The Cargo Letter

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THE CARGO LETTER [387]

Air & Ocean Logistics - Customs Broker News
31 March 2003

Part 1 of 1


Good Monday Evening from our Observation Deck......overlooking the officially designated "Cargo City" area and...... Runway 25-Right, at Los Angeles International Airport, voted "Best Cargo Airport in North America." Here's what happened in March 2003. May God protect the American, Australian, British & other Coalition troops in harms way tonight.

 

To help you find what you need -- FAST -- there's now a transport search engine installed at our www.CargoLaw.com website!

 

Contribute your knowledge, stories & company information.......by e-mail to The Cargo Letter.  We strive to bring you useful information which is timely & topical.  Be sure to visit our The Cargo Law website.

Our corporate sponsor &endash;- Interpool, Inc. -- named again to Forbes "Best 200 Small Companies" List -- for the 2nd consecutive year! --

 

Michael S. McDaniel, Editor, Countryman & McDaniel, forwarder/broker attorneys at LAX.

INDEX to The Cargo Letter:

OUR "A" Section: Trade, Financial & Inland News***

1. Freight Forwarder Trade Briefs ______________                            

2. The Cargo Letter Financial Page ______________                               

OUR "B" Section:  FF World Ocean News***

3. Freight Forwarder World Air Briefs ____________                         

OUR "C" Section:  FF World Ocean News***

4. FF World Ocean Briefs _____________________                                            

5. The Cargo Letter Cargo Damage Dispatches _____        

**Back By Popular Demand**

OUR "D" Section:  FF in Cyberspace***

6. The Cargo Letter "Cyber Ports of Call" _________             

OUR "E" Section:  The Forwarder/Broker World***

7. New U.S. Transport Related Legal Cases ________            

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OUR "A" Section: Trade, Financial & Inland News***

  1. Freight Forwarder Trade Briefs _____________ 

***France Opposes Coalition ....... European Union nations approved a plan last week to open up the continent's rail freight market to Int'l competition -- overriding objections from France, Belgium & Luxembourg. Twelve EU nations backed plans to liberalize the market within 5 years, The 3 dissenting nations had sought to protect their domestic operators. Under proposed rules, companies would be free to operate Int'l freight trains starting 2006, breaking up the national monopolies that exist in some EU countries. The plan must be approved by the European Parliament, which could introduce amendments. The EU governments would then have to vote again on the amended version before it could become law. In 2008, the plan would open up domestic routes to competition. That would mean, for example, a German company could transport goods on routes between French cities, a business currently reserved for France's national SNCF rail company. The EU's head office has pushed for opening the railways in an effort to promote more freight traffic by rail & less by trucks, which clog Europe's highways & increase pollution. According to the European Commission, only 9% of freight traffic in the EU is carried by rail, less than half the level 30 years ago. By contrast the American railroad network carries 40% of U.S. goods traffic. >> But does France have a VETO?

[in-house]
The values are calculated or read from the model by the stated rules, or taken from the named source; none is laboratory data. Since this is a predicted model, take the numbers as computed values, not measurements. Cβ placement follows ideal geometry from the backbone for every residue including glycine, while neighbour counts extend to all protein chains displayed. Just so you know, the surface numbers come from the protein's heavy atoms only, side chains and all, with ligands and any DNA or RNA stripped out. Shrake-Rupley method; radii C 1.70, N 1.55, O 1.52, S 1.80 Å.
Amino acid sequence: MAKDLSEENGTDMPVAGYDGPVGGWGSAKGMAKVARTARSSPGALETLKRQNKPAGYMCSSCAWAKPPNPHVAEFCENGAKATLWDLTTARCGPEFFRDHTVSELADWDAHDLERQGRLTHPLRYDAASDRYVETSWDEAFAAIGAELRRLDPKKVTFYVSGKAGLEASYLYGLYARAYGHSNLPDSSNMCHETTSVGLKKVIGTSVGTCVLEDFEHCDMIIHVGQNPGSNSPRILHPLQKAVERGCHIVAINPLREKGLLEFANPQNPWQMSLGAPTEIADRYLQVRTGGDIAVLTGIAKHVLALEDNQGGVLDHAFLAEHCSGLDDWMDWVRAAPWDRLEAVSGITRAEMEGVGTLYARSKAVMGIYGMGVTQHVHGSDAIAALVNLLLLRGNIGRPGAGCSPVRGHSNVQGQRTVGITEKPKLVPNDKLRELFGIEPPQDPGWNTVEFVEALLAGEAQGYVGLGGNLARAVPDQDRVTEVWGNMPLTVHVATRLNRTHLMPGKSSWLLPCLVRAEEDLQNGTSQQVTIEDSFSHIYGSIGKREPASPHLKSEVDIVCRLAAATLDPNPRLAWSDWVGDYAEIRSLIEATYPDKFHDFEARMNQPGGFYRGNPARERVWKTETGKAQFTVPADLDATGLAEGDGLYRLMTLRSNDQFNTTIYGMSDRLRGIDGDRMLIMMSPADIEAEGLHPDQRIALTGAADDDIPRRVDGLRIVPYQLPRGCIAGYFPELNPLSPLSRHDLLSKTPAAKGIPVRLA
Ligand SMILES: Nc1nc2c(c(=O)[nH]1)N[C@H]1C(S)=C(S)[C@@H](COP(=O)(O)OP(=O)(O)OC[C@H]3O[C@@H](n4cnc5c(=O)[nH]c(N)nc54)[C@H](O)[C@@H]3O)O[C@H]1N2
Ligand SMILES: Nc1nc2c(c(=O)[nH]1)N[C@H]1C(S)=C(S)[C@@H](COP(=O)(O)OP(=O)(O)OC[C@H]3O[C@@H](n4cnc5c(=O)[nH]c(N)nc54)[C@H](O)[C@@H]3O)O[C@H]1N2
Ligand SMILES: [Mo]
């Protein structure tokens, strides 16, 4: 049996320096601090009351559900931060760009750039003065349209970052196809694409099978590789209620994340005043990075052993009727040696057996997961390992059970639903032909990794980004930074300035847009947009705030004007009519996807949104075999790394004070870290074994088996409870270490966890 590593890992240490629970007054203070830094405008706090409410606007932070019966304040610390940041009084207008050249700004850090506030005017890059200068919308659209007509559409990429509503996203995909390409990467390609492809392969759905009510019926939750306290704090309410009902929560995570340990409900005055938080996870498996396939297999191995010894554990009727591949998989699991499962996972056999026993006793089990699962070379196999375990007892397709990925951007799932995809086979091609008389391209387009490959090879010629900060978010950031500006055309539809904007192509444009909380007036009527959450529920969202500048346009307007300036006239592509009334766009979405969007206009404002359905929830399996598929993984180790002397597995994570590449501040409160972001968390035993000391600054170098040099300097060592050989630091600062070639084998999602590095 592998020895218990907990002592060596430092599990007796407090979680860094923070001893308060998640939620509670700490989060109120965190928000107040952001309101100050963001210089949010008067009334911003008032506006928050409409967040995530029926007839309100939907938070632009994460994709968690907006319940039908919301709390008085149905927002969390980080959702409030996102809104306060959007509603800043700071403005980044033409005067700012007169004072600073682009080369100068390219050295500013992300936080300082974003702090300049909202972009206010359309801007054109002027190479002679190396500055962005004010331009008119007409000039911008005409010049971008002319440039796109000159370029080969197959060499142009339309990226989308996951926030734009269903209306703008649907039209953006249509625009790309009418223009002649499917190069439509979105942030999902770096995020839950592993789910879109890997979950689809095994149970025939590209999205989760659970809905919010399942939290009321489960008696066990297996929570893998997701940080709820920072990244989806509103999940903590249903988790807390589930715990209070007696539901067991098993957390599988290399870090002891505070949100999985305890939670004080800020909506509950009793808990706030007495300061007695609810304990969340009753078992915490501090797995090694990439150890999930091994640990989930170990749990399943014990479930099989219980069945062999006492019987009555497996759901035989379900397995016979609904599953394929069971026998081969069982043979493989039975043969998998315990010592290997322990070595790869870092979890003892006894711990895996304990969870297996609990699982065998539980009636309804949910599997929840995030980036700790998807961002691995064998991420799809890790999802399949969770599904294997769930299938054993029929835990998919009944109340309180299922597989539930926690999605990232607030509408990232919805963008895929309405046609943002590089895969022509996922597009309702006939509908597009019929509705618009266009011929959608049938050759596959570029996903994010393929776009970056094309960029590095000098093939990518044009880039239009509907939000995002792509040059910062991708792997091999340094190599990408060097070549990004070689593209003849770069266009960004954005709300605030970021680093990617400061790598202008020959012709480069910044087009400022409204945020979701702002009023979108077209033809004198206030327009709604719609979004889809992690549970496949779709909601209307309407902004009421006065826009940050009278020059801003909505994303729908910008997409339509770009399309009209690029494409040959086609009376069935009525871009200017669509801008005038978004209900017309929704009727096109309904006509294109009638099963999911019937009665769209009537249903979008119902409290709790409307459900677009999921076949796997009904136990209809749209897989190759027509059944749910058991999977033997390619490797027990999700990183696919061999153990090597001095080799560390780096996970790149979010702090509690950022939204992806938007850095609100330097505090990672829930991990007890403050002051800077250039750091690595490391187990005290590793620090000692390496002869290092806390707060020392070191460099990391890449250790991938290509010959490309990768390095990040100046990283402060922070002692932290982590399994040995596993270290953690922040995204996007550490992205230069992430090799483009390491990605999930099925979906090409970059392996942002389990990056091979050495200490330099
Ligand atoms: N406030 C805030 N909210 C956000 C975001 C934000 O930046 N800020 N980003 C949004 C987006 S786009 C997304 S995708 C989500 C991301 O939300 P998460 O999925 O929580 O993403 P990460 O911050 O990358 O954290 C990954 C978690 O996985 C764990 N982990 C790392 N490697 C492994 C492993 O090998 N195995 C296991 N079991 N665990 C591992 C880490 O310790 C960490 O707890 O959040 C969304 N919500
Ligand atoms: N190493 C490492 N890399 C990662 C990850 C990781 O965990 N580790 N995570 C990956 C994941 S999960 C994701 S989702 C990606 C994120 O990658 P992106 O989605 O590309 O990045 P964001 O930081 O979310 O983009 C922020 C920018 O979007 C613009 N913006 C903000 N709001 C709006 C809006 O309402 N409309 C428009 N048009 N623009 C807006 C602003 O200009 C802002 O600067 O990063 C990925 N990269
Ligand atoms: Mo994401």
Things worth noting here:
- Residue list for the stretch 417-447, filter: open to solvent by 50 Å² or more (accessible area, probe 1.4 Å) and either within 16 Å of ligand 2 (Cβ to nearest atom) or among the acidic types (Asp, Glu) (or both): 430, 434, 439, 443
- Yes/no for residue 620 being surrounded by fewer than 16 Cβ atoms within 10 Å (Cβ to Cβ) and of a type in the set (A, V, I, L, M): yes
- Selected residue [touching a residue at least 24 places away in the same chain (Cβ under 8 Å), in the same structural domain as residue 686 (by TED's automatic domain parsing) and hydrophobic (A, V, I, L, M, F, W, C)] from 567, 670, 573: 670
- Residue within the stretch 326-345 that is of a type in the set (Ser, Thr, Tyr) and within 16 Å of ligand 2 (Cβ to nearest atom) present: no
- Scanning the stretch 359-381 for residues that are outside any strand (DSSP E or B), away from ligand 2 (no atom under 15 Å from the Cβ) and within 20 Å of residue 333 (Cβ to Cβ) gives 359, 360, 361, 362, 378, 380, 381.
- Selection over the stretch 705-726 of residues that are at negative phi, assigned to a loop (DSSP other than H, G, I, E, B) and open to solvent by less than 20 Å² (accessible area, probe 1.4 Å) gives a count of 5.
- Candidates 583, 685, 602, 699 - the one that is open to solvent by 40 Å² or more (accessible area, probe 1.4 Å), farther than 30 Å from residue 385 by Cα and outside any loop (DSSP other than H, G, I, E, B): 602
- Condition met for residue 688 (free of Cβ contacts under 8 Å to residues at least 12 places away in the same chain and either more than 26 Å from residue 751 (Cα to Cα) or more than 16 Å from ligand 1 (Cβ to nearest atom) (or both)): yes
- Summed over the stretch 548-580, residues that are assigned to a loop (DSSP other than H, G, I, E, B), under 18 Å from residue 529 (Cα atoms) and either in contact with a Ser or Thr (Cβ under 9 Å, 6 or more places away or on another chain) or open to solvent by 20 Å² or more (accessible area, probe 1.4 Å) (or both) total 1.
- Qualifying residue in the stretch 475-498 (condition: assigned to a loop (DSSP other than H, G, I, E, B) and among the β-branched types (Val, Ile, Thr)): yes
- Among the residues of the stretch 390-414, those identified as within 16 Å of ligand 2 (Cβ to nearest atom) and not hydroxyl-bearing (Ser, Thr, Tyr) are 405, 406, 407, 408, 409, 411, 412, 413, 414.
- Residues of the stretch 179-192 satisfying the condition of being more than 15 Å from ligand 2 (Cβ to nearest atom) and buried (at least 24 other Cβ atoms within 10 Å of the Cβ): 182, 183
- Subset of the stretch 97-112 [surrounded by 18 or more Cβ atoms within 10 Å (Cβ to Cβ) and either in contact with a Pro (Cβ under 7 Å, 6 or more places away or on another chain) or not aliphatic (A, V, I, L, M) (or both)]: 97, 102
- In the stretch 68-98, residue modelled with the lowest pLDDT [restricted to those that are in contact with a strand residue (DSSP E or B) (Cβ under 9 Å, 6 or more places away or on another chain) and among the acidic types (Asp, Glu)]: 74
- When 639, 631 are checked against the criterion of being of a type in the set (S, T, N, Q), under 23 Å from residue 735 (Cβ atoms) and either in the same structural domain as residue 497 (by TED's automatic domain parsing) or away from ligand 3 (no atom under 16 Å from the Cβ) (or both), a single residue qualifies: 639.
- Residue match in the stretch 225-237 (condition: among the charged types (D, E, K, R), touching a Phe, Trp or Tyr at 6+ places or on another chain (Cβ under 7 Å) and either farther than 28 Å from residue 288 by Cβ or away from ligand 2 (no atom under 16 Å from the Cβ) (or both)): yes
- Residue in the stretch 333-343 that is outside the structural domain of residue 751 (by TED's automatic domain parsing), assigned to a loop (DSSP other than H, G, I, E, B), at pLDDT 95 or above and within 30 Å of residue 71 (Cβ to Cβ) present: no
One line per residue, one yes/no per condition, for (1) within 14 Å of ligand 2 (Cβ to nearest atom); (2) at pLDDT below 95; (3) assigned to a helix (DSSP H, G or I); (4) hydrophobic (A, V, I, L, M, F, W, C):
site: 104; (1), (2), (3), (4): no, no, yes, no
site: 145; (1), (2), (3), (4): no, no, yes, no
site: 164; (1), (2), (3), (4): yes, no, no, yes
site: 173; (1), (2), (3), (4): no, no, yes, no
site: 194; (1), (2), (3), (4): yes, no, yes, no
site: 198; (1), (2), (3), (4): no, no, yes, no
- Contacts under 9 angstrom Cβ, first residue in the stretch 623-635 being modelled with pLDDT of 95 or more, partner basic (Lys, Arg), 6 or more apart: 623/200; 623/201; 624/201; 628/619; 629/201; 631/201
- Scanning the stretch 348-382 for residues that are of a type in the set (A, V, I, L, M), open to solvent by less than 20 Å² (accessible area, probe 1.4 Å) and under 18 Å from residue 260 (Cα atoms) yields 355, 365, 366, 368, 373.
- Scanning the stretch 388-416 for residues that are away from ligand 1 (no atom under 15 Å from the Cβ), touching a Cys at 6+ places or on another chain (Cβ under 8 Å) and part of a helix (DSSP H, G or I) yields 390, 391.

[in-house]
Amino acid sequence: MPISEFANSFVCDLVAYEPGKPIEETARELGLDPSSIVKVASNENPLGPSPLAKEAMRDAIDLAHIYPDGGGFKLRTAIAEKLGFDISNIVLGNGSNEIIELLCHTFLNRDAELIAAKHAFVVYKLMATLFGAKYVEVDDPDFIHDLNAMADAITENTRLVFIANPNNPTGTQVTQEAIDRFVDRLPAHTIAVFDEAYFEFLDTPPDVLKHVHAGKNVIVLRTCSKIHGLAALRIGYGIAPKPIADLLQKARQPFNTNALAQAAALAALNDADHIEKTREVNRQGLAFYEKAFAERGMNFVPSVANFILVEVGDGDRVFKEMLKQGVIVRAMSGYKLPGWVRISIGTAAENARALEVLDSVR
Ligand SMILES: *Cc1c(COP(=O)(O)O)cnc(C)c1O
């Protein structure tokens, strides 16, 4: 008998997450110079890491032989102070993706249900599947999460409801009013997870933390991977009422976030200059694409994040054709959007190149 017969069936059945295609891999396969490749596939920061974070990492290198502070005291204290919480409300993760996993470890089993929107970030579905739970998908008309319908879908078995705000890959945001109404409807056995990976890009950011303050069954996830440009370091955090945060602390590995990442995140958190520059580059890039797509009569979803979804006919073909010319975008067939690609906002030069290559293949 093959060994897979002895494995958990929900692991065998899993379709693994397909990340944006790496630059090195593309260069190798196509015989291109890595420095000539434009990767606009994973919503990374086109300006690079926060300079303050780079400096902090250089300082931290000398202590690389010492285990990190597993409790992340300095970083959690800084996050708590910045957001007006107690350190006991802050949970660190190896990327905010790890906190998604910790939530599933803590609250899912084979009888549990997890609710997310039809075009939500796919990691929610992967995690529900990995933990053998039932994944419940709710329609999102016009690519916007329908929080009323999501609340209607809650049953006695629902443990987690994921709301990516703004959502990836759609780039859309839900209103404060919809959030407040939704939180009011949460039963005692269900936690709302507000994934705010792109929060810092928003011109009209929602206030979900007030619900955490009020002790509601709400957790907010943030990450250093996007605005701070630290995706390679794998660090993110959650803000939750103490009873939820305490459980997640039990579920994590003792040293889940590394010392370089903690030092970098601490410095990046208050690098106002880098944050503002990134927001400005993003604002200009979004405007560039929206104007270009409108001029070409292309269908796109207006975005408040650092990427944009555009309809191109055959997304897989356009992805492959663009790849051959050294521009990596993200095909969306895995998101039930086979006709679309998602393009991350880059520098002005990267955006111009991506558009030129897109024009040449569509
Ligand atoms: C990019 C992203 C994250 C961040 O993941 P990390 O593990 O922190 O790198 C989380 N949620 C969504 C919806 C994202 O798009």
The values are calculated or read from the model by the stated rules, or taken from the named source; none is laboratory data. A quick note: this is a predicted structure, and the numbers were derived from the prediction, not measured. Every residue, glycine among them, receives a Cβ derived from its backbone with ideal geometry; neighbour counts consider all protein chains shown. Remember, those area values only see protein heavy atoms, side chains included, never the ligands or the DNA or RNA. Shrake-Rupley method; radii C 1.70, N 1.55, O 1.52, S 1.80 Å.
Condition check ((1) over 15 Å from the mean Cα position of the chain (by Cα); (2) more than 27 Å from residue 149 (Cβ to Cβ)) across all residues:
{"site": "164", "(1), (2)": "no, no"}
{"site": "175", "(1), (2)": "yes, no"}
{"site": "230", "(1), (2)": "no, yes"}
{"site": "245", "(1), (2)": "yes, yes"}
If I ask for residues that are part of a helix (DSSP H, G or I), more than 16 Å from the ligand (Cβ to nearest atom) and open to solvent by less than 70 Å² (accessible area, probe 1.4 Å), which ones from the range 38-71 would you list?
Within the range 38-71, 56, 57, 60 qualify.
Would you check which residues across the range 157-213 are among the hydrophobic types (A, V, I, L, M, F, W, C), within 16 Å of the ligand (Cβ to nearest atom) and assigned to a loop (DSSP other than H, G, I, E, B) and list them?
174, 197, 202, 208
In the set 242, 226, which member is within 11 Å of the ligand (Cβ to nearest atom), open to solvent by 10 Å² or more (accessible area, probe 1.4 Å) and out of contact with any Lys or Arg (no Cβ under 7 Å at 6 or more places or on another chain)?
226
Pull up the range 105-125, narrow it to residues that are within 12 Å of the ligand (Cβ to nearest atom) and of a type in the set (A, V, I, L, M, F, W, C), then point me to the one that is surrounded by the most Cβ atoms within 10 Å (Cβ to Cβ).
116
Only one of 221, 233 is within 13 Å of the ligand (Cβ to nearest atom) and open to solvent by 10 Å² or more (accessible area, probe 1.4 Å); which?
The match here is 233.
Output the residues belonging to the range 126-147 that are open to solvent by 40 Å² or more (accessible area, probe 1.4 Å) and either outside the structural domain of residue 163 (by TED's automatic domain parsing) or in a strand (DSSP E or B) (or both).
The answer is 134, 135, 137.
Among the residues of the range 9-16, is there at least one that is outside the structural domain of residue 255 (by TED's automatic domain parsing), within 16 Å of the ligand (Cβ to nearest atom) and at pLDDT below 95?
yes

***Hong Kong's Boom ........ as it's total exports & imports continued to increase in Jan., compared to the corresponding month in 2002. Hong Kong government statistics show the value of total exports of goods (comprising re-exports & domestic exports) in Jan. rose by 26.7% over the year earlier to US$17.3Bn, after a year-on-year increase of 16.7% in Dec. 2002. Within this total, the value of re-exports increased by 30.3% to US$125.5Bn in Jan., but the value of domestic exports fell by 6.8% to US$9.6Bn. >> Hong Kong Air Cargo Terminals Ltd (Hactl) handled a total of 119,063 tons of cargo in Feb., an increase of 4.7% over the same month last year. >> In 4th quarter of 2002, total ocean cargo throughput in Hong Kong increased by 13% over 2001 to 50.4 million tons. AND FOR THE YEAR -- Hong Kong container port handled 19M TEU in 2002 breaking a world record! [Singapore was #2 at 17M TEU.]

***European Commission Heads East ......... as it has opened an office in Taipei, Taiwan, in a move it says will strengthen relations between the EU & Taiwan in areas such as trade, investment, & economic cooperation. The office will mainly cover economic & trade relations, economic cooperation as well as cultural & information activities. It will, the commission said, contribute to the strengthening of communications with the Taiwanese authorities and other economic & social partners as well as promoting & boosting opportunities for collaboration in areas of mutual interest. In line with the EU's "One China" policy, the office will not be engaged in relations of a diplomatic or political nature.

***Three Pronged Wisdom of The East ....... as UPS has embarked on a new chapter in Asia, branching out from simple package delivery to a more comprehensive supply chain solution. The new "synchronized commerce" approach comprises bundling 3 core aspects of the logistics industry into one; namely, 1.] movement of goods; 2.] information on the goods, & 3.] the funding for those goods. "Synchronized commerce is the next step in the evolution of trade," said UPS Asia Pacific. This new approach is "designed to `streamline customers' operations, grow their businesses, & give Asian businesses the edge to navigate in world markets."